State of The American Newspaper
The Training Track
Long underachievers in providing training, newspapers are finally picking up the pace. But is it enough? And does it reach enough people?
By Winnie Hu
Winnie Hu is a reporter for the New York Times. She has also reported for the Pensacola News Journal and the Dallas Morning News. She is a Princeton graduate and has worked as a copy editor and freelance writer in Taiwan.
Miami Herald reporter Neil Reisner is coaxing us through the language of spreadsheets--medians, percentages and, of course, errors. "It's mechanical, there's no math involved," he says reassuringly to the half-dozen journalists hunched over computers in the basement of Boston's Fairmont Copley Plaza Hotel.
As Reisner demonstrates how to find percentage change, my fingers haltingly inch toward the keyboard. I tap one key, then another, and another. With the third stroke, the carefully summed numbers vanish from my screen. I frantically pound more keys, hoping in vain to find the magical "undo" function. A young man sitting in front of me is doing the same thing. Instead, an error message flashes across our monitors.
"You have proved my theory about journalists," Reisner exclaims, fixing us with an exasperated look. "We have the attention span of fleas."
But an hour later, he still has our attention. We click and drag and type in long strings of formulas. I am learning, but I can't help feeling in a hurry. With little time and few resources to learn computer-assisted reporting in most newsrooms, journalists cram in what they can at training conferences like this one organized by the National Institute for Computer-Assisted Reporting and Investigative Reporters & Editors. Even then, these skills may well have to be learned again.
"I remember it right now," says one of my fellow students, Jay Reeves, an Associated Press reporter who runs a one-person bureau in Birmingham, Alabama. "If I went back next week and tried to use it, I could probably do it. In a month, I would get stumped."
This year's NICAR national conference in Boston drew 560 of us--the number swells most every year--and its weeklong "boot camps," held mainly at the University of Missouri, have taken 752 journalists through statistics and databases since 1994. This in a business that a decade ago had barely heard the term "computer-assisted reporting."
The NICAR sessions ride a veritable wave of new training opportunities available to newspaper journalists these days, just as their popularity reflects a changing attitude in the industry about professional development in general. Indeed, as newspapers confront their complicated future, there have never been more training outlets or more journalists taking advantage of them.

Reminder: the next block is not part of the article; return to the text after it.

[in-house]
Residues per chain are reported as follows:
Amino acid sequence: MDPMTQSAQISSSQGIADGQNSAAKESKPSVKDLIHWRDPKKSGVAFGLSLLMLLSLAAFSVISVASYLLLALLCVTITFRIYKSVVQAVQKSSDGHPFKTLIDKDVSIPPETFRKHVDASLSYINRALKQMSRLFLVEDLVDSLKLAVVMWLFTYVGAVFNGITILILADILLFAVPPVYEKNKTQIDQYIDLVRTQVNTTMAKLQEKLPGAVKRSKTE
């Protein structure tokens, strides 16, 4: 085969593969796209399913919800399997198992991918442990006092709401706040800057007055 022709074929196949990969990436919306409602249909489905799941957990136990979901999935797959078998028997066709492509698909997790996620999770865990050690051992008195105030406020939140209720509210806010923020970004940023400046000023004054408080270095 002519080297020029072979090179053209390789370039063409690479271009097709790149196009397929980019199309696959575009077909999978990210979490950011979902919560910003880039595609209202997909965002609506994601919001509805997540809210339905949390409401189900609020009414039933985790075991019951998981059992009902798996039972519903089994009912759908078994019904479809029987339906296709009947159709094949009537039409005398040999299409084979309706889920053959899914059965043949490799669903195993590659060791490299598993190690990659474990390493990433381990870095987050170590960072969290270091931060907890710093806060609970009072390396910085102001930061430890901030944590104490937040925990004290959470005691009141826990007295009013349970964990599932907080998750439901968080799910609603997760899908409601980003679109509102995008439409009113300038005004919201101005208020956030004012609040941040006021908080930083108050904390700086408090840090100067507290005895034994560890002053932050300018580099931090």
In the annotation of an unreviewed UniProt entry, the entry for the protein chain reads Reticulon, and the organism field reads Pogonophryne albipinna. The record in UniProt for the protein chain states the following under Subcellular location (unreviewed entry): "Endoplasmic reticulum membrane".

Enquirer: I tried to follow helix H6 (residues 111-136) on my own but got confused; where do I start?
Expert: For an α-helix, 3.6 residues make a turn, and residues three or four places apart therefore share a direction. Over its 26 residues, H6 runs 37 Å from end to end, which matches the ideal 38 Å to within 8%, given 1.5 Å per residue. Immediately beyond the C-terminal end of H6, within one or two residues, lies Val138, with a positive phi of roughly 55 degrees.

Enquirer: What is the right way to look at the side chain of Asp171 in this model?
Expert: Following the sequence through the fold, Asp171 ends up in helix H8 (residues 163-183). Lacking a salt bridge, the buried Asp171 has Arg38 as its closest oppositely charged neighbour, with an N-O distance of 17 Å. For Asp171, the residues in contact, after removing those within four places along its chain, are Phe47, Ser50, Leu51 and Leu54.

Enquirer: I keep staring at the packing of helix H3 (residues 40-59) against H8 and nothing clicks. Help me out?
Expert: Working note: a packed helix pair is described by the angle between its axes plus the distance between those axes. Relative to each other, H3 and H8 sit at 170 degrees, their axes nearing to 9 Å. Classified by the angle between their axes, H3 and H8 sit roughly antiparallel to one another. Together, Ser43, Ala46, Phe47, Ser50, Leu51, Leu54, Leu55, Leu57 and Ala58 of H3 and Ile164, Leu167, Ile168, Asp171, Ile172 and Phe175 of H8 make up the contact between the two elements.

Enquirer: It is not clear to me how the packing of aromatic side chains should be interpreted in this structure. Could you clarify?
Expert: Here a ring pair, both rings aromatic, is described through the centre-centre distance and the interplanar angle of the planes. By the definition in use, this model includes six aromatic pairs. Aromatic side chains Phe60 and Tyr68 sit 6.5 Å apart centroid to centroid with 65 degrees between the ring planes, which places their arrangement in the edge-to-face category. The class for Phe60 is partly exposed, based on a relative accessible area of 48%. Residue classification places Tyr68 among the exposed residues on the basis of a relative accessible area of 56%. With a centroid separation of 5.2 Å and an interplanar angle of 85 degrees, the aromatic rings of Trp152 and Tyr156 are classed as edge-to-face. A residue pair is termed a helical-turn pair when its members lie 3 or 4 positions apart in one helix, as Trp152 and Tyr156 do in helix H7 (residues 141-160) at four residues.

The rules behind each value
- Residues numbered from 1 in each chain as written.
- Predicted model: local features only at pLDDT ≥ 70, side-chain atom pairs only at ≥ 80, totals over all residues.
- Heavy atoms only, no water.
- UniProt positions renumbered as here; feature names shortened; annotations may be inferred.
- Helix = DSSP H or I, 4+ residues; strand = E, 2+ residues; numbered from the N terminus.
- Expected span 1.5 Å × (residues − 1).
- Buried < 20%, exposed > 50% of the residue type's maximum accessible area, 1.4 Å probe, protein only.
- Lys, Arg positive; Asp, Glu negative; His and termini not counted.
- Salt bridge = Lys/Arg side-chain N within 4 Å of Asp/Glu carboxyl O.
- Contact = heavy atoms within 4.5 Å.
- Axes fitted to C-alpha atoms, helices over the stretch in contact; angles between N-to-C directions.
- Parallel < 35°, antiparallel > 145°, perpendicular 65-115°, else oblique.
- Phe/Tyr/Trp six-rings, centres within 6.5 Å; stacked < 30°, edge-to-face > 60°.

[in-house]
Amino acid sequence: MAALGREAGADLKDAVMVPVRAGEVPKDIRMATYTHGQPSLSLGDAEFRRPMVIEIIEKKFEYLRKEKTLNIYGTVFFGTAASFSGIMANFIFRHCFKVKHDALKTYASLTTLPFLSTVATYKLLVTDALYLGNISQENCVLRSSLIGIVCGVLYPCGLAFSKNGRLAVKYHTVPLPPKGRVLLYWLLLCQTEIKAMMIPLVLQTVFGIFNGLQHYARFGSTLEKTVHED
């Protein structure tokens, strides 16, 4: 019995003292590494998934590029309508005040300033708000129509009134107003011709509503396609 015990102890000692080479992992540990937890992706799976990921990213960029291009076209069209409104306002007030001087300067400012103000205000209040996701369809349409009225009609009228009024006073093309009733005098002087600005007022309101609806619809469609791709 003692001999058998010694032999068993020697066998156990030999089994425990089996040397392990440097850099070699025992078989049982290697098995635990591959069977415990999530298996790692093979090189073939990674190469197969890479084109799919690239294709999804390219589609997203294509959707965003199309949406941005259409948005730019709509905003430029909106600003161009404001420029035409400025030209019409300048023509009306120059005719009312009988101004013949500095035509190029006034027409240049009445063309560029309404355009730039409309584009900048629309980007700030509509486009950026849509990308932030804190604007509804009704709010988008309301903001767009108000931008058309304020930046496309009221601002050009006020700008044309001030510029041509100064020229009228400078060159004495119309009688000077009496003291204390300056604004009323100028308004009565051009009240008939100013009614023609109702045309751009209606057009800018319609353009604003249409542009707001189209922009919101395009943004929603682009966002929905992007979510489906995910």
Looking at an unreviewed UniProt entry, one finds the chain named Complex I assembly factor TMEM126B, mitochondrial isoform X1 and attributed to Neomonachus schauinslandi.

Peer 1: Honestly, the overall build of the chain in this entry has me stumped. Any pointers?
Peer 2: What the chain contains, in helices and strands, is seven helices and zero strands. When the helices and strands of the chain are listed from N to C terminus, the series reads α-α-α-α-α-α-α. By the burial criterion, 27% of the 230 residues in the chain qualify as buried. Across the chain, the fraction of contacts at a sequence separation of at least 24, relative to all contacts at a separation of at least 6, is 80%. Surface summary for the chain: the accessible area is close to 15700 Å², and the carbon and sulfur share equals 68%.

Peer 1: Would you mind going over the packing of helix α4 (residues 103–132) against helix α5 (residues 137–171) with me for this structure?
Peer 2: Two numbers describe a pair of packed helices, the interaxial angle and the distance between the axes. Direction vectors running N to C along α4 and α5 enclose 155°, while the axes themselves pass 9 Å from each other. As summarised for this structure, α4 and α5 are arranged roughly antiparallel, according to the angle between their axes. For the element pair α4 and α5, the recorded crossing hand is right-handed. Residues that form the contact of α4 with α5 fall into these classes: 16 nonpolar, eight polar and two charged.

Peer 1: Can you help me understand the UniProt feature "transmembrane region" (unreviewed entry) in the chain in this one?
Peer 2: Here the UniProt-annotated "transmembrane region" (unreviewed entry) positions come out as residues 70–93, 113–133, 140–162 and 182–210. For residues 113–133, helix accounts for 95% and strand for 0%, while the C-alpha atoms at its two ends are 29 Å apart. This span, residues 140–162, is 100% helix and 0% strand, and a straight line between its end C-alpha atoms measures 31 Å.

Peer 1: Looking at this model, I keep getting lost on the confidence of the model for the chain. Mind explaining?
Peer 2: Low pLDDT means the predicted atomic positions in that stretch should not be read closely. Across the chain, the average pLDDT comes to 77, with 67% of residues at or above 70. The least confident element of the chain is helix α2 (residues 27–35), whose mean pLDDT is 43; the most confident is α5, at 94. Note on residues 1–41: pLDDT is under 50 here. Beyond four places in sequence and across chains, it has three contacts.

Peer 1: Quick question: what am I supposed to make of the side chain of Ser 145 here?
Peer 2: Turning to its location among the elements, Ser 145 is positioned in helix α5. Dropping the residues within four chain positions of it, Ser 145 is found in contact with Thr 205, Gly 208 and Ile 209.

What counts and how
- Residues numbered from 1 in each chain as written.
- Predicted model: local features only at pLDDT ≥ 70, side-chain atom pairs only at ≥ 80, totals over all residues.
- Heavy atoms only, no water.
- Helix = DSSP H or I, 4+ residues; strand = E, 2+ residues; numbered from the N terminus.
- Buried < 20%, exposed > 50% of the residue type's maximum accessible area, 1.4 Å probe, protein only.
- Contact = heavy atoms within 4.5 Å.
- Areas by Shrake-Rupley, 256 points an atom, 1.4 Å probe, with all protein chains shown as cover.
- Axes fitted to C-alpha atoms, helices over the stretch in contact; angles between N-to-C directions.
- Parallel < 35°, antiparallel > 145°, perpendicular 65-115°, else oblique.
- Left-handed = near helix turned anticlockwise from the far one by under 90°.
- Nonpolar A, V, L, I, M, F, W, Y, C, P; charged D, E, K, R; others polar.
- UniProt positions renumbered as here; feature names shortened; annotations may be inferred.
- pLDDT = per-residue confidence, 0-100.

On the other hand, there has never been more frustration. In an increasingly specialized and computerized world, training remains a low or nonexistent priority at too many papers--especially the smaller ones, which account for the vast majority of the nation's dailies. There are papers that do send their staffers to programs like the NICAR conference in Boston but then offer little in the way of follow-up training when they return. Some papers keep their training mostly in-house, with varying results. Others don't even do that. Every year, thousands of reporters and editors are still forced to burn vacation time or pay their own way if they want to learn new skills.
Even allowing for the undeniable progress, many journalists remain troubled by the catch-as-catch-can training situation.
"If we think that we are doing enough training, we are completely out of touch," says Bill Ostendorf, managing editor of visuals at the Providence Journal, who uses his vacation time to teach management, photo content and design in other newsrooms. "Everywhere I go, people tell me over and over again: 'I feel incompetent.' Everybody."
Newsroom training: Gone are the days when it was considered a frill, like a company gym, or little more than a plum for a paper's stars. In the past decade, newspaper companies have begun to invest more heavily in training that better equips their journalists to cover a transforming world. Since 1988, for instance, the Washington Post has sent 84 staff members to intensive writing and editing seminars at the Poynter Institute for Media Studies in St. Petersburg, Florida. That works out to some seven journalists every year, and tens of thousands of dollars in tuition fees and travel expenses (not to mention the cost of their salaries while they attend). Over the same period, the Philadelphia Inquirer has freed up 34 staff members to immerse themselves for a week in such topics as nuclear energy and public health at the Knight Center for Specialized Journalism at the University of Maryland.